Cybercrime bill: Politicians voice fears over stifling of freedoms
ISLAMABAD: A groundswell of opposition has developed over the cybercrime bill with virtually all political groupings announcing their intention to oppose the current draft when it is tabled in the National Assembly, citing it as a threat to the freedom of expression.
Several parties including the Jamaat-e-Islami, the Jamiat Ulema-e-Islam-Fazl (JUI-F) are upset over not being made part of consultations at the time of the bill’s drafting.
Though the Prevention of Electronic Crimes Bill 2015 was passed by the NA Standing Committee on Information Technology & Telecommunications earlier this year, it has not been presented before the NA for approval.
The Express Tribune discussed the controversial bill with different political leaders, all of whom supported the necessity of such a law, but they said that no fundamental right should be violated because of it.
“There are many lacunae in the proposed cybercrime law which need to be addressed seriously,” said MNA Nafisa Shah of the Pakistan Peoples Party (PPP). She complained about the content of the current draft, saying that it could have grave repercussions on the youngsters. “The PPP is not against having such a law, but we are not satisfied with a few of its clauses that are meant to deprive the people of their right of freedom of speech.”
Nafisa said her party would ‘strongly oppose’ the newly proposed law when it is presented during the NA session.
PPP Senator Farhatullah Babar also sought a bill that does not violate the fundamental rights of the citizens. “We shall voice our concerns over the government’s efforts to snatch the people’s right to express their thoughts freely.”
Supporting the need for a cybercrime bill, MNA Asad Umar of the Pakistan Tehreek-e-Insaf said his party would oppose the current draft if it contains the same lacunae pointed out earlier. “We cannot support the government providing sweeping powers to the Federal Investigation Agency to hold people accountable for expressing their thoughts.”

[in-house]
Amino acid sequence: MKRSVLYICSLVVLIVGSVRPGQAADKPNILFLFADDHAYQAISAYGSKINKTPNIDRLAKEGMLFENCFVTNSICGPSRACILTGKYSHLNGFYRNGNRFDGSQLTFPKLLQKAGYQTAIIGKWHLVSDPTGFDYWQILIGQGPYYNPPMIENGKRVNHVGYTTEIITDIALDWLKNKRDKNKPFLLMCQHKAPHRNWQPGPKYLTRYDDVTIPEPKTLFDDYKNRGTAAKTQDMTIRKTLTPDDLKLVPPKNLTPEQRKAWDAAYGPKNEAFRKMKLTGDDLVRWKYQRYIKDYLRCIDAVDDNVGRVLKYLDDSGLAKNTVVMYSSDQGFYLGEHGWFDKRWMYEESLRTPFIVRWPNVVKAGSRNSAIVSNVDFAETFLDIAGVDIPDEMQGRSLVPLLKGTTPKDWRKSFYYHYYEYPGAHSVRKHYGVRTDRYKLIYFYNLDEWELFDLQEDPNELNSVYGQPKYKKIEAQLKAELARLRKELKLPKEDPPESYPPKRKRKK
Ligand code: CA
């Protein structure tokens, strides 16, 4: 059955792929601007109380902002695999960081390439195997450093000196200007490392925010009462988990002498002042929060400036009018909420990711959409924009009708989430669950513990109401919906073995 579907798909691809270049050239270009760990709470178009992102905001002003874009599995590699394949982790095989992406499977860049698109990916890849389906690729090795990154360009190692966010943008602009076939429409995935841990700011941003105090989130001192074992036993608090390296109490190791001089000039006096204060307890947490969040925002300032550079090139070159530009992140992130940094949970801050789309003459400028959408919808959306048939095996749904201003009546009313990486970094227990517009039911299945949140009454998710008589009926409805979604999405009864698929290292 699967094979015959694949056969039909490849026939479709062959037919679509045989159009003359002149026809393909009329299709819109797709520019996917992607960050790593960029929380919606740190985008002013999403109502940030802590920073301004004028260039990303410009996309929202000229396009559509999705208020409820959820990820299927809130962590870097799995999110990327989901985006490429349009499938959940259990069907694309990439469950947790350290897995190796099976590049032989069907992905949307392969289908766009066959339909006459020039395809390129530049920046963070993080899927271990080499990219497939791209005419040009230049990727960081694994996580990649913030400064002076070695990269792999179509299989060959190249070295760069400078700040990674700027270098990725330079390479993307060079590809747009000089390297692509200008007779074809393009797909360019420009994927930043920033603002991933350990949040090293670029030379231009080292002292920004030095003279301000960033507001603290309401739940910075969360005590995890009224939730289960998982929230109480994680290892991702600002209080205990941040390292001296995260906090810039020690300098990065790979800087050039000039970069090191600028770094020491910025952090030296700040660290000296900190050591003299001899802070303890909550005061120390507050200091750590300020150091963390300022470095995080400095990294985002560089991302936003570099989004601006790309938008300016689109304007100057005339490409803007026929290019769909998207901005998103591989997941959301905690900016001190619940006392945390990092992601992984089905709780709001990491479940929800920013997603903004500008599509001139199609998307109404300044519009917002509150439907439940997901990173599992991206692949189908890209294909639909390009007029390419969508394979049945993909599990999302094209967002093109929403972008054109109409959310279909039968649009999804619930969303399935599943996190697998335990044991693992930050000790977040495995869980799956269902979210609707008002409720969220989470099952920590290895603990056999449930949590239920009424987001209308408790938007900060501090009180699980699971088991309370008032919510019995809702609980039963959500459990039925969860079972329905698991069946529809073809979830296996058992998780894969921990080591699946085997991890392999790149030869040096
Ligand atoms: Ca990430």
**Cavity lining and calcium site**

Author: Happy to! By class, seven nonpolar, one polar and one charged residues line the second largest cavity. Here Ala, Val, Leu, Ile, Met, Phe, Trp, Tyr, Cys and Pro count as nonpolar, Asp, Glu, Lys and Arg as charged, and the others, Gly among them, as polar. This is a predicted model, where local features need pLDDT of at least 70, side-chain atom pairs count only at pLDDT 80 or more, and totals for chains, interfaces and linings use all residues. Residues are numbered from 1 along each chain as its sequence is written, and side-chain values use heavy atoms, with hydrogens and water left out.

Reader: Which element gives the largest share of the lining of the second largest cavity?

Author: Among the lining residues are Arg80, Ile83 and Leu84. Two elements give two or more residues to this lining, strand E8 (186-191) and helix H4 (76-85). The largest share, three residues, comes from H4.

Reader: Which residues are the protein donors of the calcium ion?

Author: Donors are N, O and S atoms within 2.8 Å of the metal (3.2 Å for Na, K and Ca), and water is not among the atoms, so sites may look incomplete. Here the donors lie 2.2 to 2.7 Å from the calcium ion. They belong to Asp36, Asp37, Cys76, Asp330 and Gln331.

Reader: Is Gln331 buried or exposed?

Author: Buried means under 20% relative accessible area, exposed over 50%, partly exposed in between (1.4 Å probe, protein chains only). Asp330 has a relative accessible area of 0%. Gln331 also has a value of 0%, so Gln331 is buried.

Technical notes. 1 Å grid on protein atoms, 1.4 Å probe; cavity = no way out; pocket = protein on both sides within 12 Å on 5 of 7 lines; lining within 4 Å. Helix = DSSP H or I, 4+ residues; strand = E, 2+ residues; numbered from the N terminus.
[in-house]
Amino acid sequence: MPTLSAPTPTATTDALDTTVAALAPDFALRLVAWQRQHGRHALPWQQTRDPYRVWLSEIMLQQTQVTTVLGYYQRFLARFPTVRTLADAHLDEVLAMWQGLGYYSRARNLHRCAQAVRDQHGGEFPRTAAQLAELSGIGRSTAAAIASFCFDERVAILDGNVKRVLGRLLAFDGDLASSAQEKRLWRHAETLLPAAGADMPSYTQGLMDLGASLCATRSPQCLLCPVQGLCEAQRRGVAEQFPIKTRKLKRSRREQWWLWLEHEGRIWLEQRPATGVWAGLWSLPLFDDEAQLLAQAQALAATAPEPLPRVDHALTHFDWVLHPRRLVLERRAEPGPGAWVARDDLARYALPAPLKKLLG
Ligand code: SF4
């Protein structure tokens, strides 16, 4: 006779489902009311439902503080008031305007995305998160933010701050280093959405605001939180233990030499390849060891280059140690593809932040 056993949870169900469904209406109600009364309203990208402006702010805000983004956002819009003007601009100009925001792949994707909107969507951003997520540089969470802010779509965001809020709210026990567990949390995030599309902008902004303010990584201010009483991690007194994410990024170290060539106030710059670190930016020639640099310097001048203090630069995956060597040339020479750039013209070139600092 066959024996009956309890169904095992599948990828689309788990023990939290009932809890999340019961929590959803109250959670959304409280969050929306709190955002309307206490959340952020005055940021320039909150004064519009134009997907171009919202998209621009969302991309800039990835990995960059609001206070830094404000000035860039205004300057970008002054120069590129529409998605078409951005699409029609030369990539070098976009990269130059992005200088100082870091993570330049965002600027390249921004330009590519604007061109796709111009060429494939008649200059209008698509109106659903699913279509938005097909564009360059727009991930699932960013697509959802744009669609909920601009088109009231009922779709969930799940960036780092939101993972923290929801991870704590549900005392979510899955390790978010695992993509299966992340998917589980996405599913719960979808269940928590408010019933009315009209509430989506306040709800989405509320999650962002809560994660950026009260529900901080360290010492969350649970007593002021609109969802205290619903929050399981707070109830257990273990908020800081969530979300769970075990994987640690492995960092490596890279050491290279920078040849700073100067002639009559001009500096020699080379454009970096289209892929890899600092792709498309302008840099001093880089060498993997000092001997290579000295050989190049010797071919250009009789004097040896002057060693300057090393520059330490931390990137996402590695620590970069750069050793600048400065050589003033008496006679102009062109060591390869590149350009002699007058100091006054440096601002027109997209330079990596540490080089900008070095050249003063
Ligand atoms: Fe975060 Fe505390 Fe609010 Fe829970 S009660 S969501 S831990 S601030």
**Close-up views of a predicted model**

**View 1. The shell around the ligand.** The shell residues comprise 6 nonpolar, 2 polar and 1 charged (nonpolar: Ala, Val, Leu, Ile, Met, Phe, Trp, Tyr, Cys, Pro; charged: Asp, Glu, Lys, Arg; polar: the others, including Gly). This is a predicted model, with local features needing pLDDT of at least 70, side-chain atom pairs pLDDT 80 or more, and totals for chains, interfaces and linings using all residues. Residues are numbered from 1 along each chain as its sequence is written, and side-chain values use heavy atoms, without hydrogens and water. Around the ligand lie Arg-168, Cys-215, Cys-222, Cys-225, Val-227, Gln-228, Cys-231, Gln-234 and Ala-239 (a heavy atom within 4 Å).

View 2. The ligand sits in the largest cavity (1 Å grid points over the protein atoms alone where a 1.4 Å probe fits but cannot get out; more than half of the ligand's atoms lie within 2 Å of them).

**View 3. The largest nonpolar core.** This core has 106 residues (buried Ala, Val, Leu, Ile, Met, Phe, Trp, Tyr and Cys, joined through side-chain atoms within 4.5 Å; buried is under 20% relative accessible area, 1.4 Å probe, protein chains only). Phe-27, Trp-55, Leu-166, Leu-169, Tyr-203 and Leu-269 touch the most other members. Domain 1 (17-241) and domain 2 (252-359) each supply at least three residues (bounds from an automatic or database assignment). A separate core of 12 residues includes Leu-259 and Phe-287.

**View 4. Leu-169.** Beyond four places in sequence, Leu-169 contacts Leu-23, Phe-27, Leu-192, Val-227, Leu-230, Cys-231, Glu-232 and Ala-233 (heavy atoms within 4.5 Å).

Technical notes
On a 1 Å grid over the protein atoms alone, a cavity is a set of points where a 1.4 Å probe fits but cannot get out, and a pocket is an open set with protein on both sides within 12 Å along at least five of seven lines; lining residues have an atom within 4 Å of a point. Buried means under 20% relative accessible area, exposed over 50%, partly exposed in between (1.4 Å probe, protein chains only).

Muttahida Qaumi Movement leader Farooq Sattar said his party had the same reservations as Farieha Aziz, director of advocacy group Bolo Bhi, does. “We shall strongly oppose it in the NA.”
Meanwhile, JI Deputy Secretary General Dr Fareed Ahmed Paracha said his party was not approached for feedback while the bill was drafted and amended. “No one has the right to restrict the people from expressing their views or to punish them for doing so.” He suggested moral restrictions on freedom of speech but not legal limitations.
JUI-F Sindh Deputy Information Secretary Muhammad Aslam Ghauri said that though his party is an ally of the government, it was consulted while the bill was drafted. He, however, supported the government’s move to introduce a law to protect the people against cybercrimes. “I shall be in a position to comment on the proposed bill once I go through a copy of the amended draft.”
If the JUI-F has reservations over the draft, the party would oppose them in the NA until they are addressed, added Ghauri.
Information Minister Pervaiz Rashid said the government would hear all the concerns of the political parties and try to address valid reservations. “However, criticism for the sake of criticism will not be acknowledged.”